Posted by Constanza on September 17, 1998 at 14:40:13:
In response to Hardy and God, written by Kellie on September 17, 1998 at 11:03:28
The characters always suffer for their "sins" and mistakes no matter how good or pure at heart they are - it is like a "God is unfair" theme running through his works. Anyone else get this feeling?
I seem to remember that at about this time there was a change in the artist's view of nature; instead of being an agreeable thing, it became dangerous and something that was doing its best to destroy man. Life was seen as a great fight of men against nature. (by artists I mean writers and painters as well).
IMO Hardy's characters have to fight against an evil nature (and that is very clear in TROTN where it is the moor which ultimately destroys Eustacya)... and against an evil "pathos"... I have these sense of "unfairness" too (no matter what you are or what you feel your actions and decisions will catch up with you) but it is not God that is unfair (though his characters may think so) but society and fate. I don't think that I am being clear. I believe that we should separate Hardy's opinion as a narrator than his characters' opinions, because they are not always the same.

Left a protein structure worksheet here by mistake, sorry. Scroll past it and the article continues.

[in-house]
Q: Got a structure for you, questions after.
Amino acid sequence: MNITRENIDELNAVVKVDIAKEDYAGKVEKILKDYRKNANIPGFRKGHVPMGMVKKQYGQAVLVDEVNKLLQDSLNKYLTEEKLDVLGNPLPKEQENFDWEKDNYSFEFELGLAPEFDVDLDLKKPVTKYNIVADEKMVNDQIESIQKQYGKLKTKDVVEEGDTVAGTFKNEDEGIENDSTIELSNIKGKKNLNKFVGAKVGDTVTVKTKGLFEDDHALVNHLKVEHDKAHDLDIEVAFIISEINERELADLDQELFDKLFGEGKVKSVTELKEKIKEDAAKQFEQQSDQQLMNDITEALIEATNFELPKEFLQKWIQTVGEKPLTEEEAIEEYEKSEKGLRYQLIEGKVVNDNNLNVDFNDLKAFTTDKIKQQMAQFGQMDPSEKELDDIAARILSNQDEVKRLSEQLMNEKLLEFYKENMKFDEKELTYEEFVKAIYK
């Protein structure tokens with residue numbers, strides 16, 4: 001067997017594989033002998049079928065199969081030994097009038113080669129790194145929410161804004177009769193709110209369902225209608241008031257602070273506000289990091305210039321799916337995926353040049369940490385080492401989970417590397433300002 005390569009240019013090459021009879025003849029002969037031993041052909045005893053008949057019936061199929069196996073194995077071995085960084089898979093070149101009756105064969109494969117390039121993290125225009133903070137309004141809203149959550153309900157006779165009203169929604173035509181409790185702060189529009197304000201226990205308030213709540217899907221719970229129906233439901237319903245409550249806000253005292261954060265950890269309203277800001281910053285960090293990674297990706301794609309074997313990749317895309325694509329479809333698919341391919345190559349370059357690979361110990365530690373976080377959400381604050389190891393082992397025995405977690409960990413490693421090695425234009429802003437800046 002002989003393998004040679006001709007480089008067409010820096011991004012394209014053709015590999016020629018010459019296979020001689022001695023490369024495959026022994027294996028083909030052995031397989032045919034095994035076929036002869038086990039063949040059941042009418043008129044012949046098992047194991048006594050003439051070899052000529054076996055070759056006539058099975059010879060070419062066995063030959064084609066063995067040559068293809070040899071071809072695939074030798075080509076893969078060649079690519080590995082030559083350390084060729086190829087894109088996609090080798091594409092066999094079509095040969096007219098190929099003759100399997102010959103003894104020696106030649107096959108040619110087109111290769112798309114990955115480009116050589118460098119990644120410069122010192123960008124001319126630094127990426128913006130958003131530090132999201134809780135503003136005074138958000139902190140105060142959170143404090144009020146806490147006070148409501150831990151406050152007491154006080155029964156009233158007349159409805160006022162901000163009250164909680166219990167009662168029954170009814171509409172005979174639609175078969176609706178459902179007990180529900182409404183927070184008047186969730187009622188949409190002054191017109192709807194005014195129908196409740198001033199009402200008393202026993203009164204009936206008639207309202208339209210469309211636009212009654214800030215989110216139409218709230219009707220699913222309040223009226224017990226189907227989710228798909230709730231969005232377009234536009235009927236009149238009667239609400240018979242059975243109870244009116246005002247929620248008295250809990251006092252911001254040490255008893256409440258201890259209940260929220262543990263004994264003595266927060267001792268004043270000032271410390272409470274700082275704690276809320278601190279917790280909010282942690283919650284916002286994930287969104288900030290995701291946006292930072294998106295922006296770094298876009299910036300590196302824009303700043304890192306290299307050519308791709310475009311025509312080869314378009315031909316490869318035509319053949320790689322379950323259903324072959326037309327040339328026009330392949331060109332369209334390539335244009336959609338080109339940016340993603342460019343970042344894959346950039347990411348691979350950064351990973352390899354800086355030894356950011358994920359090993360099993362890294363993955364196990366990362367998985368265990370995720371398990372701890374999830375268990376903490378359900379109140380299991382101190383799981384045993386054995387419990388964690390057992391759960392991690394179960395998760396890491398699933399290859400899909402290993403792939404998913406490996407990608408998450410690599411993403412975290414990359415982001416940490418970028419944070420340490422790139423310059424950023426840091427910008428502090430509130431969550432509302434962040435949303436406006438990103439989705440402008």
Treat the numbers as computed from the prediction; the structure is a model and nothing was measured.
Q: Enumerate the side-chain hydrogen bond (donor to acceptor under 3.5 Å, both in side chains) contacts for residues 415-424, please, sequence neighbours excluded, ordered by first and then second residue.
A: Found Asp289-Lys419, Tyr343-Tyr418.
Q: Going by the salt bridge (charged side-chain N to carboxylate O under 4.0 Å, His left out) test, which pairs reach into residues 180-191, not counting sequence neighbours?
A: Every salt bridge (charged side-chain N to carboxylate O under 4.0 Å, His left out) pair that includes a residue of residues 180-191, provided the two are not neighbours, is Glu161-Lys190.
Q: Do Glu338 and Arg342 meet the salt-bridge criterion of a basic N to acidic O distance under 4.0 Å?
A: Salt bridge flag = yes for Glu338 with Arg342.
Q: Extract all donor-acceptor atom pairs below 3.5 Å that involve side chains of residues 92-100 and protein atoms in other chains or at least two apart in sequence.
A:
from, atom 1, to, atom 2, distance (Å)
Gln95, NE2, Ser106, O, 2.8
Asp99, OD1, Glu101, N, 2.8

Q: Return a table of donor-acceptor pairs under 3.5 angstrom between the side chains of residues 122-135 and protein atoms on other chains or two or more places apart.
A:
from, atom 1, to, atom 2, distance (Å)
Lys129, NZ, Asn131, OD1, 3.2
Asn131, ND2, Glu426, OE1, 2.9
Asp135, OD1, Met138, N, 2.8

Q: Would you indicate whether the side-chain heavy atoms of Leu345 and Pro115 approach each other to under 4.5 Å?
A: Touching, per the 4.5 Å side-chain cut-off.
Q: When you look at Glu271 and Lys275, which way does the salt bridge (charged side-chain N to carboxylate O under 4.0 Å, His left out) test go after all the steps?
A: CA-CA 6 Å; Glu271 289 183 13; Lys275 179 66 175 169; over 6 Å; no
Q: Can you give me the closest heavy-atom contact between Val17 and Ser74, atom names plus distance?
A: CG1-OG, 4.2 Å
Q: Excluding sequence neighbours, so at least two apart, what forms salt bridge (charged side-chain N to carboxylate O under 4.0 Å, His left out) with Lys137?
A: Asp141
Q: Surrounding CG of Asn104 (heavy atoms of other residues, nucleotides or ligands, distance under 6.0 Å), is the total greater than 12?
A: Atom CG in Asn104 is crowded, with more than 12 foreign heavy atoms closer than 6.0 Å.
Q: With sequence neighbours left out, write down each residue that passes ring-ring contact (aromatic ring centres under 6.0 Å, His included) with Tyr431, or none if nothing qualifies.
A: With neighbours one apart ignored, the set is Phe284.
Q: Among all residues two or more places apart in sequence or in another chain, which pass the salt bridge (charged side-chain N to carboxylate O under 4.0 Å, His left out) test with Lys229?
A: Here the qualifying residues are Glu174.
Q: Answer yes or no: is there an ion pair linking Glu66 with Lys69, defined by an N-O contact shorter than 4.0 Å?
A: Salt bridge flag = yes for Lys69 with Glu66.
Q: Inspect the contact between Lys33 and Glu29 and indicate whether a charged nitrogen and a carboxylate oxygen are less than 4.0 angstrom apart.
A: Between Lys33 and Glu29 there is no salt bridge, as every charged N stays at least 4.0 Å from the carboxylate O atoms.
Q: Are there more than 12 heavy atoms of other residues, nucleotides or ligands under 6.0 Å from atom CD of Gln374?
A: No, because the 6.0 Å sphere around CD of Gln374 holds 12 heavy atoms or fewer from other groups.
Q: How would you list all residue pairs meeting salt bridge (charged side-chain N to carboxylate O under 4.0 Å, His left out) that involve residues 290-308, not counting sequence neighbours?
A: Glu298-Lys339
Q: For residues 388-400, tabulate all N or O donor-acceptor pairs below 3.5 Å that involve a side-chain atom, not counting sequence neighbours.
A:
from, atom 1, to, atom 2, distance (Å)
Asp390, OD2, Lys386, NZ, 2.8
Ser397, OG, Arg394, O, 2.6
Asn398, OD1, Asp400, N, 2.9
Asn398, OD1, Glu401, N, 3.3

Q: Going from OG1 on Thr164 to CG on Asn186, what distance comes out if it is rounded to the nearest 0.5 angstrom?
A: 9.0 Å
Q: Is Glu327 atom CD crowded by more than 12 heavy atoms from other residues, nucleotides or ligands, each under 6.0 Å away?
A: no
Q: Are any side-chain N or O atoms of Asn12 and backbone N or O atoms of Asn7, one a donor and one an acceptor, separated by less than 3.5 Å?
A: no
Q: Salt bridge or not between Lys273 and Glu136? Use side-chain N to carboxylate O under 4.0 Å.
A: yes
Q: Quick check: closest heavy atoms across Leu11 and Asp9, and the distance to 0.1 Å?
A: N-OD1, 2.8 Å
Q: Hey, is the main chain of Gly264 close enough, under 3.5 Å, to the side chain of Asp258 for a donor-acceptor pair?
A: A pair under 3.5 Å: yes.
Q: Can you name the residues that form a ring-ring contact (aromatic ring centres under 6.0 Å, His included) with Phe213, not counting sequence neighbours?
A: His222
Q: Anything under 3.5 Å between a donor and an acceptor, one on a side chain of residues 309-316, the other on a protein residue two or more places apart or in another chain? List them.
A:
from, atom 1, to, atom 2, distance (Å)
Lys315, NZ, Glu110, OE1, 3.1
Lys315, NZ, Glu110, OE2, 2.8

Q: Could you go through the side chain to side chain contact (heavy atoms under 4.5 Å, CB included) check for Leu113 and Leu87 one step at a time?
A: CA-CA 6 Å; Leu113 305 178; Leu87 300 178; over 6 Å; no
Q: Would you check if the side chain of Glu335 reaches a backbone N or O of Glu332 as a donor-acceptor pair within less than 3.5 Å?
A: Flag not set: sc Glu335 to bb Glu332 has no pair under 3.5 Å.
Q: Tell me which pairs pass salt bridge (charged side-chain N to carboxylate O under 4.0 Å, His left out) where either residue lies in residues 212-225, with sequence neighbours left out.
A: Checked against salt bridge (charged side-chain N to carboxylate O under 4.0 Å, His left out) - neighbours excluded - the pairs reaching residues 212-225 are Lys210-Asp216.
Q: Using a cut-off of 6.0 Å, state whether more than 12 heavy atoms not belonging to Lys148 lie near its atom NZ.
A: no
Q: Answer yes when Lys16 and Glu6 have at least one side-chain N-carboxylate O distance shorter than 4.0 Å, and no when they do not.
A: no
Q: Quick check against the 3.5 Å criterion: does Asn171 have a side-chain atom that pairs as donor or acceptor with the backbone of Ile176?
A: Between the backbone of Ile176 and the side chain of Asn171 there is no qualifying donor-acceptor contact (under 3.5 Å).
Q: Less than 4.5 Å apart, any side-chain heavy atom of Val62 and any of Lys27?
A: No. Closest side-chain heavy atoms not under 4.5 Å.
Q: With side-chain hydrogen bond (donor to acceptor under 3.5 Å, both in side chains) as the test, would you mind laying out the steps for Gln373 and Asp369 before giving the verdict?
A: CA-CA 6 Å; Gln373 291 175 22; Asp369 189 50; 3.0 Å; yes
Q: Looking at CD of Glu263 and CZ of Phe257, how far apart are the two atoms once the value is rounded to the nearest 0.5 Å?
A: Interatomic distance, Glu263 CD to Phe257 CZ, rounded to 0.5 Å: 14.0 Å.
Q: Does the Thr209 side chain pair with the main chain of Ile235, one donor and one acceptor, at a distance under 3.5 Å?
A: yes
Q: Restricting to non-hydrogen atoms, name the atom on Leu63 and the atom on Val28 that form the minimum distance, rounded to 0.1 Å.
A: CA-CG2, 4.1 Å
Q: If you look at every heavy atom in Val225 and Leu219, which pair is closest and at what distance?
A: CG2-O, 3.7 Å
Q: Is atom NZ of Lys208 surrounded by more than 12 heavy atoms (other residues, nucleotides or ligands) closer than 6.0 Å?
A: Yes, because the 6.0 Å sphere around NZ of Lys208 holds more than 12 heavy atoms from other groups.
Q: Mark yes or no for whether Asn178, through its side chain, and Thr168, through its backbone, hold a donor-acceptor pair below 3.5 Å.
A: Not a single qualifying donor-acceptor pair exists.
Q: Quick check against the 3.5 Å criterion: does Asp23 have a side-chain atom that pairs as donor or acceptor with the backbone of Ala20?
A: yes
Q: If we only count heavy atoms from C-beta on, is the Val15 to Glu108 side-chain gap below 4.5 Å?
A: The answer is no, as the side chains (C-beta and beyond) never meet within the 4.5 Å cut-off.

For instance, in the case of Tess, she thinks that God will punish her, while the narrator points out that it is only society that will blame her, because her acts were in accordance to nature and being natural they were good.
On re-reading this post I do realize that I am contradicting myself. The fact is that humankind's fight against nature is evident in TROTN and to some extent in FFTMC, while in Tess is more as if Tess were nature's own daughter and her acts as such are good and only bad when judged from society's point of view.
I am afraid I've rambled enough. Sorry, I'll think about it and post again, once Iv'e made up my mind :-D
- Yes, society is unfair as well Kellie 13:29:33 9/19/98 (0)
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